Here’s Santa Claus – but not, as in conventional representations, hauling a sack of toys. Instead, in this woodcut that is typical of the work of its creator Clare Leighton, Santa shoulders a tree, recently harvested from the forest.
Many of Clare Leighton’s works contain images of physical labour: farmers toiling in the fields, fishermen pulling in their catch, dockhands off-loading goods, and women washing clothes or mending nets. She is an artist whose work I have admired since seeing some of her woodcuts displayed in an exhibition in Manchester’s Whitworth Gallery. She was an artist, writer and wood engraver, best known for the illustrated books she produced in the 1930s that recorded English rural life (The Farmer’s Year, 1933, Four Hedges, 1935), and her recording of life in America to where she emigrated in 1939. Southern Harvest, 1942 and New England Industries, 1952, are considered amongst the most celebrated and poignant records of American rural life in the middle of the last century.
Leighton had an unconventional childhood. Both her parents were writers – her father wrote cowboy stories whilst her mother wrote yarns for the daily newspaper in order to keep the upper-class household going. Her brother Roland, killed in 1915, was later immortalised by his fiancé Vera Brittain in her memoir Testament of Youth.
‘Sowing’ from ‘The Farmer’s Year’
Leighton attended Brighton Art School before studying at the Slade School of Art, where she spent ‘months on end sitting before a model and drawing and drawing and drawing.’ Faced with the reality of needing to earn her living she left the Slade and began illustrating her father’s Wild West stories, enrolling for evening classes at the Central School of Arts and Crafts in order to learn about black and white reproduction.
In the late 1920s Leighton took a job teaching children from one of the poorest slum districts of London, taking them to the National Gallery and encouraging them to see beauty in the shapes and forms of chimney pots around them. During this time she continued to engrave ‘countless wood blocks, aware of neither fatigue or impatience’.
As Leighton built up a reputation as a book illustrator her teaching career gave way to lecturing, and in 1928 she embarked on a lecture tour of the United States. There she produced a series of engravings of Canadian lumberjacks at work in remote snowy woodland, created during a subsequent trip to a lumber camp on the Quebec-Ontario border in the winter of 1930-31.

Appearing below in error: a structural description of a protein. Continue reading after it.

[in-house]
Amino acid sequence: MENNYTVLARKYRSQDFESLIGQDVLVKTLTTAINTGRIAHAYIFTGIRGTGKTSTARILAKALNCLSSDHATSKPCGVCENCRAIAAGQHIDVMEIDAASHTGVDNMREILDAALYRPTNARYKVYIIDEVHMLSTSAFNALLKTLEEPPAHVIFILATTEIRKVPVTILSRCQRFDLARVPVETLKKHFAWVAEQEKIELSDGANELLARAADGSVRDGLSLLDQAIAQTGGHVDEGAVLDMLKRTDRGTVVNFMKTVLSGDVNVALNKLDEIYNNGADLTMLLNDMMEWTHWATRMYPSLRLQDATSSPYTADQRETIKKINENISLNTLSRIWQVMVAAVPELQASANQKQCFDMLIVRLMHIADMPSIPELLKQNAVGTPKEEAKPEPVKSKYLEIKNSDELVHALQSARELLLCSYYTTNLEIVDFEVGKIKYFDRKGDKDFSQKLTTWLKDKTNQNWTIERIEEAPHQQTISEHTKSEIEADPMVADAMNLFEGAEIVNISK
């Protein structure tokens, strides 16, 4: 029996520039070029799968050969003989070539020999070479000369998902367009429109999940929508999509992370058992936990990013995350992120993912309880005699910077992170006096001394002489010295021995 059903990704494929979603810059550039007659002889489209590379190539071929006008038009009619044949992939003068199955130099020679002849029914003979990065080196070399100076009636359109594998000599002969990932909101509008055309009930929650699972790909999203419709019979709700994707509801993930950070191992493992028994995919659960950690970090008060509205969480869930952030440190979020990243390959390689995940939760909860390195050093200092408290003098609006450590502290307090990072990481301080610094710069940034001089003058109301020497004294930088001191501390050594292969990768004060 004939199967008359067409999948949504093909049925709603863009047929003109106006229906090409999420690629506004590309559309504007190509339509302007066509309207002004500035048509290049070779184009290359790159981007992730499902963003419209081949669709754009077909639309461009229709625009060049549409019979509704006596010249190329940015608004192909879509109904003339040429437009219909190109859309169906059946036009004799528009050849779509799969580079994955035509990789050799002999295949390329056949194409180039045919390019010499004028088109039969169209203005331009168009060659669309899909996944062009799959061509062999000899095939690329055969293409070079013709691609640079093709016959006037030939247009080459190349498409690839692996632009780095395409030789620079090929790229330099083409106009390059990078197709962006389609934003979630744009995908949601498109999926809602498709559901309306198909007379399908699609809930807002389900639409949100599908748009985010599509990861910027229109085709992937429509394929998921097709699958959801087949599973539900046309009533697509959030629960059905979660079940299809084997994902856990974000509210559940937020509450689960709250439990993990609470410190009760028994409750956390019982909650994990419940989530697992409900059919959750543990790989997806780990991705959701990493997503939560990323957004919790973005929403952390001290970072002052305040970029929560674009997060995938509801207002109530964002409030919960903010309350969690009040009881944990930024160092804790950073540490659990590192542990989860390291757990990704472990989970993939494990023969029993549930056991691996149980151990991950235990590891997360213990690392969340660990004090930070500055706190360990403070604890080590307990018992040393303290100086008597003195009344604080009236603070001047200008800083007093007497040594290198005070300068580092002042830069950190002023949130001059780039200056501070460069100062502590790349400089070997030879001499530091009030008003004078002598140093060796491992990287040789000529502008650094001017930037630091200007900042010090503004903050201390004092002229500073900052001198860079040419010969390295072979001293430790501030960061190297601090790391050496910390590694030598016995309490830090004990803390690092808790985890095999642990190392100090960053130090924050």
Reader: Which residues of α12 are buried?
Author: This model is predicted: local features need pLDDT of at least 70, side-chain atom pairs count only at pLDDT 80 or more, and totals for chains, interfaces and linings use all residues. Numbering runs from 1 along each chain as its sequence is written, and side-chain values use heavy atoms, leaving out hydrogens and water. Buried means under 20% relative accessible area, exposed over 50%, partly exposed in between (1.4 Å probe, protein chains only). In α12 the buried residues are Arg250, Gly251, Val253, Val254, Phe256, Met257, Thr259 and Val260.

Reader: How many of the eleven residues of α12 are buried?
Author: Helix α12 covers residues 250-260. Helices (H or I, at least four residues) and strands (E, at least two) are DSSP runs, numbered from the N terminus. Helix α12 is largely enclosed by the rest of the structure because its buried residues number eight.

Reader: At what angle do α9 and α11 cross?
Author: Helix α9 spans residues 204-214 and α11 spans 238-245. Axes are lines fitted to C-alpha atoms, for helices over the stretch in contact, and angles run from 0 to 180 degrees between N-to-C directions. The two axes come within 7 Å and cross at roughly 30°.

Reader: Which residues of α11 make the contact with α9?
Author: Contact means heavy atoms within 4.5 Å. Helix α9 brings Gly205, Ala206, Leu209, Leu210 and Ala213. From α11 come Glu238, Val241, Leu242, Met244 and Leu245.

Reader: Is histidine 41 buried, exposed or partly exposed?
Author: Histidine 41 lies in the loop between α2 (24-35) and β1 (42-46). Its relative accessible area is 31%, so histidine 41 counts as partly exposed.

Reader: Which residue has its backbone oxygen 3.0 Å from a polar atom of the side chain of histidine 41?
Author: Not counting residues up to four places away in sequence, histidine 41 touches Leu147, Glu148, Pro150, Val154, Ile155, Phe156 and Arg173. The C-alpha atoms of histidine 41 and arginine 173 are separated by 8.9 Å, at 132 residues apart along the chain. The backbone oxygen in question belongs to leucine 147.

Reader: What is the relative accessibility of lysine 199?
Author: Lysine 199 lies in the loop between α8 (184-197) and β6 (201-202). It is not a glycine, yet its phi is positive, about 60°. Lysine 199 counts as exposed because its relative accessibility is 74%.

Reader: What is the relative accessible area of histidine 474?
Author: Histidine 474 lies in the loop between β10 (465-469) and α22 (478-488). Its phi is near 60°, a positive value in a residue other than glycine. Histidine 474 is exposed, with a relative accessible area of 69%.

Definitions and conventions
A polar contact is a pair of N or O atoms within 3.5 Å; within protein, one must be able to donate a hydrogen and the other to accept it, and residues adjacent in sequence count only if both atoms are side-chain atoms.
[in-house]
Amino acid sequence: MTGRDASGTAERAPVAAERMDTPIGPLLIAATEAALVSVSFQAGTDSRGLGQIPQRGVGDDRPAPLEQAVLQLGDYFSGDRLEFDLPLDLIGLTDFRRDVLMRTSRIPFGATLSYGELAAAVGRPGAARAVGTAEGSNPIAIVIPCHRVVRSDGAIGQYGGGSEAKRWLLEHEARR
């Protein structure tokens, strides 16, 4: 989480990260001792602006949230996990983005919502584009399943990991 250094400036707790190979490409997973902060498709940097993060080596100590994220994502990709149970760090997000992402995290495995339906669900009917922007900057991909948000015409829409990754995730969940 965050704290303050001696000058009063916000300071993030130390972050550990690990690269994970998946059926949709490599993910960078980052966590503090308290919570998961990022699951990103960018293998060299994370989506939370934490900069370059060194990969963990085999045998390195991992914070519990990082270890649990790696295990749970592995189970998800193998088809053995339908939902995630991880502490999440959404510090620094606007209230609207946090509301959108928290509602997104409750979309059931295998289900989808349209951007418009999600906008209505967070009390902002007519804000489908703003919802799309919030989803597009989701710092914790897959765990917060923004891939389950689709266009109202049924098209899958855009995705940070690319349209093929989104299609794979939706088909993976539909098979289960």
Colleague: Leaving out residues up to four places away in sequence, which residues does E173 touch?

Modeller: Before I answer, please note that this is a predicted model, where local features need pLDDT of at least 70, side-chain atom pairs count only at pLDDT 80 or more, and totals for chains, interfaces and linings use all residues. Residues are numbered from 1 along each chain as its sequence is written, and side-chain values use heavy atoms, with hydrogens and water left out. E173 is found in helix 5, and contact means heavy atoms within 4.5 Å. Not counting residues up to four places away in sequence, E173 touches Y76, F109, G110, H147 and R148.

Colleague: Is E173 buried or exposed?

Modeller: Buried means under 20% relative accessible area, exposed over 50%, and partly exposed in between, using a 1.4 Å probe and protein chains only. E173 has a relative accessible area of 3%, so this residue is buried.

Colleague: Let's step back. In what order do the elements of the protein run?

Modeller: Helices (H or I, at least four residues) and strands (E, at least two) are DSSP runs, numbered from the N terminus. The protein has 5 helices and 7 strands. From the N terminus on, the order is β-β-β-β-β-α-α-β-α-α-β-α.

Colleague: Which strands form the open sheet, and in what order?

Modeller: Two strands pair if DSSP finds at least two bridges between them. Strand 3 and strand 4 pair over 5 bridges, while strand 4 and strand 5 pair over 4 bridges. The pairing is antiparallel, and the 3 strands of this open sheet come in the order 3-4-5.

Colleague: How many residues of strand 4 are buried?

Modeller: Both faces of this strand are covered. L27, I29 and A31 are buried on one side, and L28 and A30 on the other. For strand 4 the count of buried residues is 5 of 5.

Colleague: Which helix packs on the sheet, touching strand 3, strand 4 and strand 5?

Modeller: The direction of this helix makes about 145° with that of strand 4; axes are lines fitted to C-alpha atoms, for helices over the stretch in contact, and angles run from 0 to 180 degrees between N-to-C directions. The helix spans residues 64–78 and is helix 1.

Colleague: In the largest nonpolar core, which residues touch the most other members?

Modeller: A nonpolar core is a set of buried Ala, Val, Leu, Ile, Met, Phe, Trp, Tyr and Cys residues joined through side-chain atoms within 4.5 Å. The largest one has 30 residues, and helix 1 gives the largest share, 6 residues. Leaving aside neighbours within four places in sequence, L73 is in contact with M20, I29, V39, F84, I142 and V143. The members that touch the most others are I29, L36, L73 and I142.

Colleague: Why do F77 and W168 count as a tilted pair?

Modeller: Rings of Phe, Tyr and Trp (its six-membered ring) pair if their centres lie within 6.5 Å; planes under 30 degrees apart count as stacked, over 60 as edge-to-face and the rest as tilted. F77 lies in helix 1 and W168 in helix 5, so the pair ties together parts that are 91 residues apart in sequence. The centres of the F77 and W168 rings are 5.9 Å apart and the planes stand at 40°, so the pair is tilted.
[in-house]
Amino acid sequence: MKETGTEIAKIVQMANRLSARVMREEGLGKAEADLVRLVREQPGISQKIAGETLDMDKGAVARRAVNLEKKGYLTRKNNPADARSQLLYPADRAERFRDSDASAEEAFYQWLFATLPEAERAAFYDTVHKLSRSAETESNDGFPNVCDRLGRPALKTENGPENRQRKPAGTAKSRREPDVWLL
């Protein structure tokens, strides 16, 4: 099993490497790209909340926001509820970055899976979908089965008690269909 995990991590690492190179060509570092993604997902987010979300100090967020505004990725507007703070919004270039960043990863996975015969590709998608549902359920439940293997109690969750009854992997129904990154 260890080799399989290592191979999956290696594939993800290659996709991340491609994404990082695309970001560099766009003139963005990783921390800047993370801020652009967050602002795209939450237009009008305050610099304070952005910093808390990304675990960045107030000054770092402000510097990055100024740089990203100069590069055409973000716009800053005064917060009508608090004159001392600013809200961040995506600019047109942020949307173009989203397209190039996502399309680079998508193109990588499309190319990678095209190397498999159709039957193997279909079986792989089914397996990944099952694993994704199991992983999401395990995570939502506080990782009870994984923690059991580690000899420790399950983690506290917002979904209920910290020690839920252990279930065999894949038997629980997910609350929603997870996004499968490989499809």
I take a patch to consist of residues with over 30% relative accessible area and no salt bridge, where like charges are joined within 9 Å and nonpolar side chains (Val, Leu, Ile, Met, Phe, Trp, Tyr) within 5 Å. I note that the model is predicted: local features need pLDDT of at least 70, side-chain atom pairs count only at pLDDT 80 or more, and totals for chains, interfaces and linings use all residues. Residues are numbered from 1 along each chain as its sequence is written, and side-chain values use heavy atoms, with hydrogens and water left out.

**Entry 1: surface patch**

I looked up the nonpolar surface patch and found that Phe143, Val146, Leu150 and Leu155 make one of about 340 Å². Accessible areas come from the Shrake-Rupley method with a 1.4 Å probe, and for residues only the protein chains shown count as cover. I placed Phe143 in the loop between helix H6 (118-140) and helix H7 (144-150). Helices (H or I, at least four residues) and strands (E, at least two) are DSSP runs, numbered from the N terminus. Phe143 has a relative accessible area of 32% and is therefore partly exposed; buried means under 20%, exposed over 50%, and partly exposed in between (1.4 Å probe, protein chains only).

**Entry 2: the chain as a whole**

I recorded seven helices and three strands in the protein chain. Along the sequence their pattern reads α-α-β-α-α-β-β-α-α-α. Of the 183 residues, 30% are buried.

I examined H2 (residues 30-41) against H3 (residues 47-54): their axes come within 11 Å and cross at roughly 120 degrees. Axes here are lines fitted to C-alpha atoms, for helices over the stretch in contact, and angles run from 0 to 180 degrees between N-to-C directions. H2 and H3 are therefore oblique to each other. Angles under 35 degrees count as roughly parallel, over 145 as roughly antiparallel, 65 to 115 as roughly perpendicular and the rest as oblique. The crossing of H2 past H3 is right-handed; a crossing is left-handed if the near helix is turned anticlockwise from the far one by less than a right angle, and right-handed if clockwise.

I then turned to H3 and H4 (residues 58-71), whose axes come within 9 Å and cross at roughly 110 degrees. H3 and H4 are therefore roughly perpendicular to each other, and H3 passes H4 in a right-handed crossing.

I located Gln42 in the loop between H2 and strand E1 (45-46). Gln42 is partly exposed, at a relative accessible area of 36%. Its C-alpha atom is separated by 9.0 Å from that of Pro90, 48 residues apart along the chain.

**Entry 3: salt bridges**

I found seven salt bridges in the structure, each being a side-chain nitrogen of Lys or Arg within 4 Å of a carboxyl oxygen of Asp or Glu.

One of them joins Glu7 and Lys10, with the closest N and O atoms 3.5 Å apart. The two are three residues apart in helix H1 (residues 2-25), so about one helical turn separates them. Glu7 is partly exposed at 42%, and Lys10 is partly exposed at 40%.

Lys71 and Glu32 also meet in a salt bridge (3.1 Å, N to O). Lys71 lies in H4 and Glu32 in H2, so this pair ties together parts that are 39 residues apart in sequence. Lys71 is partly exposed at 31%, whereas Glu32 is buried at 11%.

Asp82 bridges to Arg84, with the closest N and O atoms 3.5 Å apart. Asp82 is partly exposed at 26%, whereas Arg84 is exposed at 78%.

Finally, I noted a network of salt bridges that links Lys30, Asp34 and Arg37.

The cover of the recent republication of ‘The Farmers’ Year’
‘Threshing – March’ from ‘The Farmer’s Year
During the 1930s Leighton worked on several celebrated books, such as The Farmer’s Year (1933, recently republished by Toller Books), which depicted rural activities such as threshing, haymaking, apple-picking, lambing, ploughing and sowing that were associated with the months of the year, examples of which are included in the show. Other books that she authored and illustrated included Four Hedges: A Gardener’s Chronicle (1935) which was inspired by her garden, and the very influential manual Wood-engraving and Woodcuts (1932).
‘Cotton Picking’ from ‘Southern Harvest’
In 1939 Leighton settled in the Unitesd States. The landscape and rural activities of the American South, such as cotton picking and corn shucking, inspired her 1942 book Southern Harvest, whilst activities such as cranberrying, codfishing, whaling and lobstering in Connecticut were the focus of a series of twelve designs for Wedgwood plates on the theme of New England Industries.
Other notable works include a powerful and bleak engraving called Breadline, New York produced at the height of the Great Depression in which men warm themselves before a fire at the end of a seemingly endless queue that stretches through the city.
I was reminded of the strength and beauty of Clare Leighton’s work by a recent post on Caught by the River (which was also the source of the Santa Claus woodcut). The post gave news of a forthcoming exhibition of Clare Leighton’s work at Pallant House Gallery in Chichester, West Sussex. Pallant House put on some magnificent exhibitions – but they are about as far from Liverpool as it’s possible to be. However, I did see their magnificent Edward Burra exhibition when it went on tour.
And so – Happy Christmas. And may Santa, shouldering his load, bring you good things.